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Economic Policies for Growth and Sustainability
Edited by Nikolaos Karagiannis and John E. King
Edited by Louis-Philippe Rochon and Virginie Monvoisin
Louis-Philippe Rochon and Virginie Monvoisin
The financial crisis that began in 2007 has generally shown the weaknesses of neoclassical theories and policies, in particular by highlighting the irrelevance of modern macro models such as the Dynamic Stochastic General Equilibrium (DSGE) model and its microfoundations, which has come under considerable attack in the last few years, even from the mainstream. Indeed, as Lavoie (2018, p. 15) observes, “there is considerable dissatisfaction with the current state of mainstream macroeconomics”, leading The Economist (2009) to refer to the “turmoil among macroeconomists”. As early as 2009, Krugman (2009a, Internet) was claiming “[t]he economics profession mistook beauty, clad in impressive-looking mathematics, for truth”. More recently, he once again criticised the quest for microfoundations (see 2013, Internet), arguing “so the truth was that microfoundations in macroeconomics had its moment, but failed utterly at the one thing it was sold, above all, as being able to do - namely, give a better explanation of why nominal shocks have real effects. Time, you might think, to reconsider the project”. A few years earlier, Solow, in a 2010 address to the United States Congress, disapprovingly claimed “I do not think that the currently popular DSGE models pass the smell test” (see Solow, 2010).
An Insider’s View on the Economics of Hyman Minsky
In the chapter, ‘The accumulation mode of production in Mexico and the economic structure of the manufacturing industry,’ the author discusses the stagnation of productivity of the workforce in relation to the dominance of large corporations that are connected to global commodity chains and use global competitive advantages to maximize profits; meanwhile, small and medium enterprises compete on the basis of lower costs (wages), which reduces the growth of accumulation and productivity.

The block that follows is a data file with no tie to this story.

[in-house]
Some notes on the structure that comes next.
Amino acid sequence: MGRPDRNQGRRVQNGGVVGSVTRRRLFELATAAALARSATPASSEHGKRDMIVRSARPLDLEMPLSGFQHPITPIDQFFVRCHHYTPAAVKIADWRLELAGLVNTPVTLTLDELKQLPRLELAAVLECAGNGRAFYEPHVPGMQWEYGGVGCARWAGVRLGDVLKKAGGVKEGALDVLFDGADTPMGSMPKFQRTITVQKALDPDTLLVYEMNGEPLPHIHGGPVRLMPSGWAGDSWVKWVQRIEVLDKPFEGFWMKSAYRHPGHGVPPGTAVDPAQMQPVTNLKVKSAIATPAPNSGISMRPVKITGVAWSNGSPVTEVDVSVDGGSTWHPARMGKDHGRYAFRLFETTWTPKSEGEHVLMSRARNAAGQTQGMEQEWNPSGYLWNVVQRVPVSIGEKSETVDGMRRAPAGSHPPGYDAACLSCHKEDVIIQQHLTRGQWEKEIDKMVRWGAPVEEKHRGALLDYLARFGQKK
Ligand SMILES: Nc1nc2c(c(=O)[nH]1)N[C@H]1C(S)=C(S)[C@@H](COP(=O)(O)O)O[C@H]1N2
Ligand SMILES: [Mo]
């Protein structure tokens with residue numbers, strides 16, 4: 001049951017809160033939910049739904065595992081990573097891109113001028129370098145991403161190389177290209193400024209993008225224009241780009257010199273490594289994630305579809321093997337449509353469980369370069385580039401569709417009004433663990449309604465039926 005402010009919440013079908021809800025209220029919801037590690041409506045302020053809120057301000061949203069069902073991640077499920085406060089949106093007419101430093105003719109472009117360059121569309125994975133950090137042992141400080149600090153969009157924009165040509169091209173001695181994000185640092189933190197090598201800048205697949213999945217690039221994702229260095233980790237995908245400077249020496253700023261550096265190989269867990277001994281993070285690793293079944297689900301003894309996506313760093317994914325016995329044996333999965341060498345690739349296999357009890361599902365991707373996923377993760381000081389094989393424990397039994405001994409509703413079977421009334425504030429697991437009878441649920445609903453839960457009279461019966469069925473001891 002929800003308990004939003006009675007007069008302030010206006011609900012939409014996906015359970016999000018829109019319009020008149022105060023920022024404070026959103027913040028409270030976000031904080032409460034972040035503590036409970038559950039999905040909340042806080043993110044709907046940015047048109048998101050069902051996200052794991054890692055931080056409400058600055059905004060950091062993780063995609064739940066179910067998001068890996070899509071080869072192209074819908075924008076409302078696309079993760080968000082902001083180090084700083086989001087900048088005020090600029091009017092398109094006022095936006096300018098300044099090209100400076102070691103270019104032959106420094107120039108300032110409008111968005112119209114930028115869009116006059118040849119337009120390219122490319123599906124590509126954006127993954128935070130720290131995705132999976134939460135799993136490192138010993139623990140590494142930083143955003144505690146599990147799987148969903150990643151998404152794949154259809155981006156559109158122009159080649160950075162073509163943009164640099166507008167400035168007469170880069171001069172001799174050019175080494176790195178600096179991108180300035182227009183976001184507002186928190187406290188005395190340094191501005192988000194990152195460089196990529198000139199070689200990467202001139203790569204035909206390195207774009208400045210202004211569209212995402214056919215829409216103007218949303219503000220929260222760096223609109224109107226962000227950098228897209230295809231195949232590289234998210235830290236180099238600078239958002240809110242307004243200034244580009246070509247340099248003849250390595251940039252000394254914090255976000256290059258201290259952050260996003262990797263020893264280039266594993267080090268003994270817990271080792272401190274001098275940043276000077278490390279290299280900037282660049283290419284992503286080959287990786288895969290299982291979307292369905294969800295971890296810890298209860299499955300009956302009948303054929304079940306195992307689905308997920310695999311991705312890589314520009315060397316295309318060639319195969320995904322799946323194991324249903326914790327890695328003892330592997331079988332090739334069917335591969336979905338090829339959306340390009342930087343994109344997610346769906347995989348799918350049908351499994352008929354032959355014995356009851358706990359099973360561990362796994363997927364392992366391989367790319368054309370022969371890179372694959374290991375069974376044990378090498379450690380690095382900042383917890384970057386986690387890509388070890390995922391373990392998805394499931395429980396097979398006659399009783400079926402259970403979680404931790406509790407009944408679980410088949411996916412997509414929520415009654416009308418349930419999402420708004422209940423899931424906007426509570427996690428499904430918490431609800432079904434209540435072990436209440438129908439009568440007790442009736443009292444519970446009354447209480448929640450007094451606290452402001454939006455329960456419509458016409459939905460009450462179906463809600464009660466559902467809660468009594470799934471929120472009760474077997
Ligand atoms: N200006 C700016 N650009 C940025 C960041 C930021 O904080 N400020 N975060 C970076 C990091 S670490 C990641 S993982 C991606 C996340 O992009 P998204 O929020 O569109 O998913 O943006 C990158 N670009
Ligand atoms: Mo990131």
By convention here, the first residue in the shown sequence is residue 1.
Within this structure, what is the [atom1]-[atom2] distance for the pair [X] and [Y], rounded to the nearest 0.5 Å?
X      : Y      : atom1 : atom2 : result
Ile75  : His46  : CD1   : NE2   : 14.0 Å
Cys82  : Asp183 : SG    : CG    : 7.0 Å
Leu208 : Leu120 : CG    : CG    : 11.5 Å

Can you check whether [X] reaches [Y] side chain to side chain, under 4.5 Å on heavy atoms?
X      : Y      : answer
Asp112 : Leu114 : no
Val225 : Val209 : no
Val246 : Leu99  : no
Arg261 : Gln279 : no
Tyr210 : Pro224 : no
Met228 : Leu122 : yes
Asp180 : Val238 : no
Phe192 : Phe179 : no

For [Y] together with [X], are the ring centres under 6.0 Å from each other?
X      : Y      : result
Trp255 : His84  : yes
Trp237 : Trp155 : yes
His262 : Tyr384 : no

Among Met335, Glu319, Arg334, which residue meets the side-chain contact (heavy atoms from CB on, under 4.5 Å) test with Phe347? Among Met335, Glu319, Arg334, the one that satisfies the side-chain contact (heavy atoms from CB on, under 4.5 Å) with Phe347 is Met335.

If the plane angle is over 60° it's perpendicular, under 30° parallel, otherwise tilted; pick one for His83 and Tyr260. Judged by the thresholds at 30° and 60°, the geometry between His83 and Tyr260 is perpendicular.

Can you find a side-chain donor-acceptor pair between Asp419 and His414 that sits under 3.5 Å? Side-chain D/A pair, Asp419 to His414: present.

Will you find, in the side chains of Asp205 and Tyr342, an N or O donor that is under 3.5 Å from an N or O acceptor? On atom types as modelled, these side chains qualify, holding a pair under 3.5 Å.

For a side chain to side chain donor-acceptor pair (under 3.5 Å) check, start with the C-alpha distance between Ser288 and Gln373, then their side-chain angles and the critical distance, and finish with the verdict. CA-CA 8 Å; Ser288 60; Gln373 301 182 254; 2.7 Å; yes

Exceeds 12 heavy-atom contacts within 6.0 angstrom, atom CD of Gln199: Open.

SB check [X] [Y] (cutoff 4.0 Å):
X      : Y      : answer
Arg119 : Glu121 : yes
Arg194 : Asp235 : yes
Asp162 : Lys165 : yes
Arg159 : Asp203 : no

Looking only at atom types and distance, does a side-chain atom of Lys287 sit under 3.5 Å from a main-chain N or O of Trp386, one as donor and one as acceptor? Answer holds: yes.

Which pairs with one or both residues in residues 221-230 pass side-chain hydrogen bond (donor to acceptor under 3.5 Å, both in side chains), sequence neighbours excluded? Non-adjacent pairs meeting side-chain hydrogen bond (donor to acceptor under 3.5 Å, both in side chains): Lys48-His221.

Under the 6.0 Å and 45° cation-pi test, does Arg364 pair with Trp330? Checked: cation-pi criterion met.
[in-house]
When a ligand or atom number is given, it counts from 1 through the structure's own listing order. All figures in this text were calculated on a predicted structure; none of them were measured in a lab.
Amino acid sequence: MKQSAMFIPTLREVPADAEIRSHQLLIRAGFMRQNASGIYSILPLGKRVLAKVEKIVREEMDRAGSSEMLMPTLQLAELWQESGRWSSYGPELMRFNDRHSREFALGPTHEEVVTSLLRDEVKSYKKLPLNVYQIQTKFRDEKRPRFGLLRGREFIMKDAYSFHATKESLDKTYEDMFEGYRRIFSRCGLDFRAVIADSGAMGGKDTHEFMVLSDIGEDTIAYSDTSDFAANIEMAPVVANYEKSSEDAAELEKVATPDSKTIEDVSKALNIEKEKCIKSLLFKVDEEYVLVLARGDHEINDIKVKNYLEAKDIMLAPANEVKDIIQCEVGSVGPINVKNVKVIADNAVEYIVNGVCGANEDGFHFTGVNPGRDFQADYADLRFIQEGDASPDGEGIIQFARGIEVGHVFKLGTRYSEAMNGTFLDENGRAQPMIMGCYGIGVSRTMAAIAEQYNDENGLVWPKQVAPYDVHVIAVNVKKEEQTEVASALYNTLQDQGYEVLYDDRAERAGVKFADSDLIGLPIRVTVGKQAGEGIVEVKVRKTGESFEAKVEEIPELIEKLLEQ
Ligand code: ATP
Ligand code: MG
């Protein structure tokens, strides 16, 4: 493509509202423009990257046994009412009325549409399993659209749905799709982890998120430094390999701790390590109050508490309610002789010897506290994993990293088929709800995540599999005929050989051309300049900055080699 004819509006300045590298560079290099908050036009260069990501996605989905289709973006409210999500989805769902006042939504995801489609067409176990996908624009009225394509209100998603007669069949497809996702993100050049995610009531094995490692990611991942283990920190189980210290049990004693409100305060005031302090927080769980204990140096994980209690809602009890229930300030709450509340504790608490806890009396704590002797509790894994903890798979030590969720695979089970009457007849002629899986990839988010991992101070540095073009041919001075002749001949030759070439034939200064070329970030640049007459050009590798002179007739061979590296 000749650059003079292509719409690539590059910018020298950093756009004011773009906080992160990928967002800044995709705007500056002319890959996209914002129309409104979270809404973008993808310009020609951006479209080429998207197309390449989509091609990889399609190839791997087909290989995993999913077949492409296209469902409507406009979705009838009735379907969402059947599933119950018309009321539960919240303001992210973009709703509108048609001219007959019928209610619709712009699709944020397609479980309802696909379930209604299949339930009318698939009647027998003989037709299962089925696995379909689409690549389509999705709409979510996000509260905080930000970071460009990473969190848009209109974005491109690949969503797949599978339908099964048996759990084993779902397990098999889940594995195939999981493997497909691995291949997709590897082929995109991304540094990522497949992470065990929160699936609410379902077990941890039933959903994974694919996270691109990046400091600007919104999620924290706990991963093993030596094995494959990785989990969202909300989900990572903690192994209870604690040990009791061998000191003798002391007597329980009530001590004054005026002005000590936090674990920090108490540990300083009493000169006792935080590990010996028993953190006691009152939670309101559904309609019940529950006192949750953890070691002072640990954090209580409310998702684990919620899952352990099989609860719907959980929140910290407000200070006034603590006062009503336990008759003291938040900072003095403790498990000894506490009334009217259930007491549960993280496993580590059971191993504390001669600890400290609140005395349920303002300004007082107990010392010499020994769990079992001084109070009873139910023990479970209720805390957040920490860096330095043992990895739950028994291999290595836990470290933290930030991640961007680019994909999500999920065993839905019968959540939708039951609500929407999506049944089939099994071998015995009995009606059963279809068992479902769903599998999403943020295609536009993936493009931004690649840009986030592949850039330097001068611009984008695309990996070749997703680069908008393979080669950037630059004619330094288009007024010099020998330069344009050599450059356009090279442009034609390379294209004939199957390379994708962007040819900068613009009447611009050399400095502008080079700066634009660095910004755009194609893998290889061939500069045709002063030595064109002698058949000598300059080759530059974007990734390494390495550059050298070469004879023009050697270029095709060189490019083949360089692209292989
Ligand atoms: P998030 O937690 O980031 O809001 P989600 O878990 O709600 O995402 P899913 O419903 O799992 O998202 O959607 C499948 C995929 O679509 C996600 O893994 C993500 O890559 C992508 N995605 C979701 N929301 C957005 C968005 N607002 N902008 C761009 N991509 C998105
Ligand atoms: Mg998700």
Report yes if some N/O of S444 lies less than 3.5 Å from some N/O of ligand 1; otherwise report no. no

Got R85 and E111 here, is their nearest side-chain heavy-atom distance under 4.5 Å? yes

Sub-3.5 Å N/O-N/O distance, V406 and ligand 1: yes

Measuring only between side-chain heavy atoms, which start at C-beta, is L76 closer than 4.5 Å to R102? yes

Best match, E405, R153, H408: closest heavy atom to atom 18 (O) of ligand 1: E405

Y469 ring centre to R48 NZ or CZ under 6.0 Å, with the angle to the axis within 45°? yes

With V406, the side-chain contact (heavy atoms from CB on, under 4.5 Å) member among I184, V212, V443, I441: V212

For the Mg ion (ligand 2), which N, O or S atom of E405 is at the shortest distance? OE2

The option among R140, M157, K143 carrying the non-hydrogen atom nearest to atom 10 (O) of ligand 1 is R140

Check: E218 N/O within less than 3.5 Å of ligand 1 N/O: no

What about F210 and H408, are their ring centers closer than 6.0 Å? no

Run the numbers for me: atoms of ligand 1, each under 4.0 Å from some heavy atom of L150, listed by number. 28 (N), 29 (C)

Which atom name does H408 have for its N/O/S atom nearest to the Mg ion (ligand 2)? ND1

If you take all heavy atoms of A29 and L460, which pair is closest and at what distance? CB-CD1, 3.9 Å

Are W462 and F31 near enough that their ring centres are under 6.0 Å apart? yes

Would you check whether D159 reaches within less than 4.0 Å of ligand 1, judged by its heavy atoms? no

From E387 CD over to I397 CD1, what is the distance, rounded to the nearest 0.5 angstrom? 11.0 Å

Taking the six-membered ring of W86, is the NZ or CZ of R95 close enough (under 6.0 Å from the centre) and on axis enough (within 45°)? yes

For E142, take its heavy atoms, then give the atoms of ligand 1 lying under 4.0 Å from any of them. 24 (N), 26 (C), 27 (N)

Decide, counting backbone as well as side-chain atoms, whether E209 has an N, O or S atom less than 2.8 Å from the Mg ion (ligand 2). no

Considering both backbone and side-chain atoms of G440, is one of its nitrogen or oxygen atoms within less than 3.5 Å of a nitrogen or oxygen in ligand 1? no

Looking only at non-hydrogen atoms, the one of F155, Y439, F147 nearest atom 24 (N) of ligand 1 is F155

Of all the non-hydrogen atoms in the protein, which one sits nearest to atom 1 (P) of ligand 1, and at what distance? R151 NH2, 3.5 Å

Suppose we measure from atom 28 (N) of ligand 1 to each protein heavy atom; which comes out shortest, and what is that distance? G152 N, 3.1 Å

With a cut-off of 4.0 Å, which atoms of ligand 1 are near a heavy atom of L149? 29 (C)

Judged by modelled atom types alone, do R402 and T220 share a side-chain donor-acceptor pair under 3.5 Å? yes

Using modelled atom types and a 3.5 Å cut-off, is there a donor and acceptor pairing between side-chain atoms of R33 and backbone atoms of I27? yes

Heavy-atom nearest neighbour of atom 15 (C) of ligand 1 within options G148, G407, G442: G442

Ma. Guadalupe Huerta
In the chapter, ‘The big financial crisis and the European economic adjustment: a road towards the strengthening of the neoliberal agenda,’ the authors argue that the institutional design of the eurozone does not allow for the deployment of fiscal and monetary policies to overcome the crisis, which raises the need for a thorough analysis of European integration in terms of macroeconomic and social aspects, accompanied by an assessment of the economic policies necessary to restore growth.
Domenica Tropeano and Alessandro Vercelli
In the chapter, ‘Debt deflation theory and the Great Recession,’ on the basis of the theory of Irving Fisher, the authors analyse the accumulation of debt in the USA and Europe, emphasizing that the monetary policy deployed in the former did manage to save the banking system, and this did not happen in Europe due to the European Central Bank being less able to intervene in the economy, and the absence of an authority empowered to coordinate spending.
Teresa López and Eufemia Basilio
In the chapter, ‘Economic growth and financial development in Mexico: from a virtuous circle of a bi-directional causality to financial subordination,’ the authors develop the theme of bank lending to non-financial activities in the context of the Mexican economy between 1990 and 2013. An empirical and econometric assessment shows that deregulation and globalization, instead of increasing savings, caused the banking system to lose sight of its core activity, which is the financing of production. On this basis, the authors assert the need to establish regulatory mechanisms to ensure financial resources for production.